Saturday, August 27, 2016

August 27: Mackinac Island, Justin Runge, "Movies About Horses"

I have never been a big fan of horses.  This feeling may stem from a trip I once took to Mackinac Island as a kid.  My family rented a horse and carriage, and the horse was old and stubborn.  Instead of taking a half hour tour of the sights, we ended up on a two-hour excursion.  The damn horse simply wouldn't follow commands.  We ended up at the top of a very steep hill where a sign was posted:  "Only experienced coach drivers."

I have never been horseback riding.  Never wanted to.  Horses are big, tall, and, in my experience, not very cooperative.  The one time I fed a horse a carrot, I thought I was going to lose a finger.  I have seen the Lipizzaner stallions perform.  Beautiful. Saw the Budweiser Clydesdales march in a parade.  Pretty cool.  However, the idea of sitting on the back of any kid of equine . . . Let's just say that it won't be happening, unless I am drugged and tied in the saddle.

Saint Marty will stick to watching horse movies.

Movies About Horses

by:  Justin Runge

On every comprehensive list of the greatest movies of all time, The Wizard of Oz (1939) stands out as a watershed moment in horse cinema. Inside the blue horse there is a pain foraged from the gut of gorges. Suddenly, the horse has gone magenta. She spills the beans. Swelling in every tear duct. Full gullets: their contents, rotten forest fruit. She is green now.

Seabiscuit (2003) wins your heart in a poker game marked by gunfire.

Can you deny Black Beauty (1921) when it is harassing your women? Do your muscles bulge like muslin sacks of corn when it shatters your bay windows in an act of attrition? You know, faltering is an option in this orange light.

I’ve felt it, the calm dentistry. It was National Velvet (1944) which asked of me difficult, strenuous rescues, pushed down the bullies when they spat sleet, calloused my knuckles.

Modern masterpiece, The Godfather (1972), bloodies your sheets in accidental birth. Here is a thunder that is relentless. Even the crude palate can taste a wince, a wetness, a scream the viscosity of oil. Also, what a pleasure to watch a head like an owl’s turn, and turn, and turn.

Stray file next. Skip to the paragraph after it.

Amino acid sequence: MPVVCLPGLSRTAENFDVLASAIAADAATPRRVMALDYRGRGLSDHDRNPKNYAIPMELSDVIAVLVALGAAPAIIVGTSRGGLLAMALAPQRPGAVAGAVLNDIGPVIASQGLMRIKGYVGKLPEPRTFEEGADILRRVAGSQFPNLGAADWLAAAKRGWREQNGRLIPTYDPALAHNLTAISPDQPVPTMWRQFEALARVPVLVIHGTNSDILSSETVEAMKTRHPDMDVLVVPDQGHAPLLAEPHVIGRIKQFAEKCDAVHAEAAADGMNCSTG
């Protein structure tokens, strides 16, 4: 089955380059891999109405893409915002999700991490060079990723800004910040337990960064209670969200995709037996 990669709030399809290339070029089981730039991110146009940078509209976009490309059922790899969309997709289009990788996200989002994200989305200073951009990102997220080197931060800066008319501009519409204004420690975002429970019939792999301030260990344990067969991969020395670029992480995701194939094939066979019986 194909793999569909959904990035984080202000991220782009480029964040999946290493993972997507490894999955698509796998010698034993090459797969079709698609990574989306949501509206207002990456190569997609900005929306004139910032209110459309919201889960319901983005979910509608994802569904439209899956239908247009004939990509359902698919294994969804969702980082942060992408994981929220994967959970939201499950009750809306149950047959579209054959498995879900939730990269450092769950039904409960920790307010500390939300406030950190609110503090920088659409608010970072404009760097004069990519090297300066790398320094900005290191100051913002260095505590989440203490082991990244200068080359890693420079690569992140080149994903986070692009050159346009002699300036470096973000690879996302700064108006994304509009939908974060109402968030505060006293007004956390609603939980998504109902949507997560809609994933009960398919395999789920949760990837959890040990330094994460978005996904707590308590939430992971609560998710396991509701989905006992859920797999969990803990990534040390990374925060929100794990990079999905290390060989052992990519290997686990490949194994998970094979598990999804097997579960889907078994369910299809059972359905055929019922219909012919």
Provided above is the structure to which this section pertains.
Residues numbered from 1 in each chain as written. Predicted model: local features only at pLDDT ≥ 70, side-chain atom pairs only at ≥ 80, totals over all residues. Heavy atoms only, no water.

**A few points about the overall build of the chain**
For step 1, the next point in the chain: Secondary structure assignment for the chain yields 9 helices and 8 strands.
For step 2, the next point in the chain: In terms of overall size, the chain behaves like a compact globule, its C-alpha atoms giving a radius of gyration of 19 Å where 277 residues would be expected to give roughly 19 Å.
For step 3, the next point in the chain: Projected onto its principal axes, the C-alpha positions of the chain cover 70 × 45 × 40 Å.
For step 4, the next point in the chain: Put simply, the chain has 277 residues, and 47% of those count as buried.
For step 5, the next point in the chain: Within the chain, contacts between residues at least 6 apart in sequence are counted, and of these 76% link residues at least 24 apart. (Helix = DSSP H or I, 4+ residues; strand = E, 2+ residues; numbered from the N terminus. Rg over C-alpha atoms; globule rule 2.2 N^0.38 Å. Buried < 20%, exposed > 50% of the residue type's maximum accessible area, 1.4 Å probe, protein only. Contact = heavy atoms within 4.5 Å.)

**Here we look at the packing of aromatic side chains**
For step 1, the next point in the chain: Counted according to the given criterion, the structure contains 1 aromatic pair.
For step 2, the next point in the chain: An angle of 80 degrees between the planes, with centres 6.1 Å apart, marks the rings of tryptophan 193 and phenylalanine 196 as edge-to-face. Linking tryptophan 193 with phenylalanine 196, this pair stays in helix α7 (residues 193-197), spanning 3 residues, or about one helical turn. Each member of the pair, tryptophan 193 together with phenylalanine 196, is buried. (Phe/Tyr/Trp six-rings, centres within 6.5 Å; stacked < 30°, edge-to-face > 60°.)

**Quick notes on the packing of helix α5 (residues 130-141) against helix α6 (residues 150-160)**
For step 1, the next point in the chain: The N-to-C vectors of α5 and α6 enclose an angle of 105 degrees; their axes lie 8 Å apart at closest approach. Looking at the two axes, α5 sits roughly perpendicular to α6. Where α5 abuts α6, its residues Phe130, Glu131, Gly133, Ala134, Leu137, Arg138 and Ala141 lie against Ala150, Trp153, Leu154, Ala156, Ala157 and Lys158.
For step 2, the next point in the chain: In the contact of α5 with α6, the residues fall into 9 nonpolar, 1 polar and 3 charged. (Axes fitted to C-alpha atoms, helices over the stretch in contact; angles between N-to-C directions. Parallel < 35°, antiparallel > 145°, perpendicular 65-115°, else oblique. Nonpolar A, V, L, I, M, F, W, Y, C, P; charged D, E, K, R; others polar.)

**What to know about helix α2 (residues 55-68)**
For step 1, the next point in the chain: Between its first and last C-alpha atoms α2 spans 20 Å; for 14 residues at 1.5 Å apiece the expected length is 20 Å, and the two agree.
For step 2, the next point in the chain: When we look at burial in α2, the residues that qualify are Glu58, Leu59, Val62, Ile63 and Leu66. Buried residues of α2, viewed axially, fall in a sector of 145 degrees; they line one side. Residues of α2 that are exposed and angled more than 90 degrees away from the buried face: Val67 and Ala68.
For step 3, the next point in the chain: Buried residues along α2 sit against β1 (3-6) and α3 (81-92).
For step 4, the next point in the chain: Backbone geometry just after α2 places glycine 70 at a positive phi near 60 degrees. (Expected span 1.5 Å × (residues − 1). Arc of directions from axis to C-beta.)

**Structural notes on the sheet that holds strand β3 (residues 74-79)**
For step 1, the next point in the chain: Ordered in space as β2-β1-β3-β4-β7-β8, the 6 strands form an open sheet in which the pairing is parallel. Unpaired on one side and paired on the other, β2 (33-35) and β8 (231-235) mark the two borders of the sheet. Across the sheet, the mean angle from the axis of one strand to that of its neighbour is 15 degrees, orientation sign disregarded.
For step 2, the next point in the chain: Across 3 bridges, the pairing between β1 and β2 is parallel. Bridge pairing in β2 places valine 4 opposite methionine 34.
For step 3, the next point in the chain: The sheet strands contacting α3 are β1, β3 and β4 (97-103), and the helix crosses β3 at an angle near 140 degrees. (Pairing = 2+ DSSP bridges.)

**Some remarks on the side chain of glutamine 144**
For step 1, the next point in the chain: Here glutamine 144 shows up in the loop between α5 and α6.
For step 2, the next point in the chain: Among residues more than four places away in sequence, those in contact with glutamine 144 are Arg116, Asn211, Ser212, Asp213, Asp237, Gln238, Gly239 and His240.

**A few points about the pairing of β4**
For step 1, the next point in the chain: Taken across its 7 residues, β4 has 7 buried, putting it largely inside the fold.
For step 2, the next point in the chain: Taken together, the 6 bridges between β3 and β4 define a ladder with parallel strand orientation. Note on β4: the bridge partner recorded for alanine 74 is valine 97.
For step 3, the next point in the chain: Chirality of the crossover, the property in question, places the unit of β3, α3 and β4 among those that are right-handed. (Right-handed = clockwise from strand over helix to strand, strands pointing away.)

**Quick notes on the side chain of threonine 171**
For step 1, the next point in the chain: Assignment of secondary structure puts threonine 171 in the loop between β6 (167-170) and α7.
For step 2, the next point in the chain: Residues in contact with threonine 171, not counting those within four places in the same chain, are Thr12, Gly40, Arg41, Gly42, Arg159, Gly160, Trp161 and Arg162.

Wildfire (1945) will burn down your apartment complex and tell your parents you were notorious for falling asleep with lit cigarettes in your foolish, foolish mouth!

We’ve Die Unendliche Geschichte (1984) to do. We’ve earth to sink into, soil to swallow. Again, the bullies pursue, but we sink. They walk over us, oblivious.

The one truth revealed in My Friend Flicka (1943) is that, when properly maintained and greased, shotguns pose no imminent threat to your children. Still, when confronted by any number of masked vigilantes, fight through your tears.

The Red Pony (1949)
is willing to die for petty victories. For horse movies. For the Boy Scouts of America. For jubilation.

Let’s not get into Giant (1956). Not right now, not at the autopsy. Not at the spelling bee.

I was all sagging sorrow at the premier of The Painted Stallion (1937). No one knew my name there — I crammed into a seat in the midst of shotgun children, the sleetspit bullies, the skin graft families. Raw eyelid curtains slid over the cataract screen and I slunk like a nickel into the seat fold. Sound of the reel roll. I felt responsible for the victims of the Texas Hold ‘Em debacle, the spirited side-saddle murder ride, all those Conestoga collisions, arrows jamming the wheel wells. In my chest rattled the death knells. When the lights in the auditorium rose, I was a conflagration. I brayed. I lost my head.

Oh, Equus (1977), you’ve become my reality. Investigate the absence of my eyes.

1 comment:

  1. I have a new goal: to live long enough to drug St. Marty and tie him to a horse. Fabulous!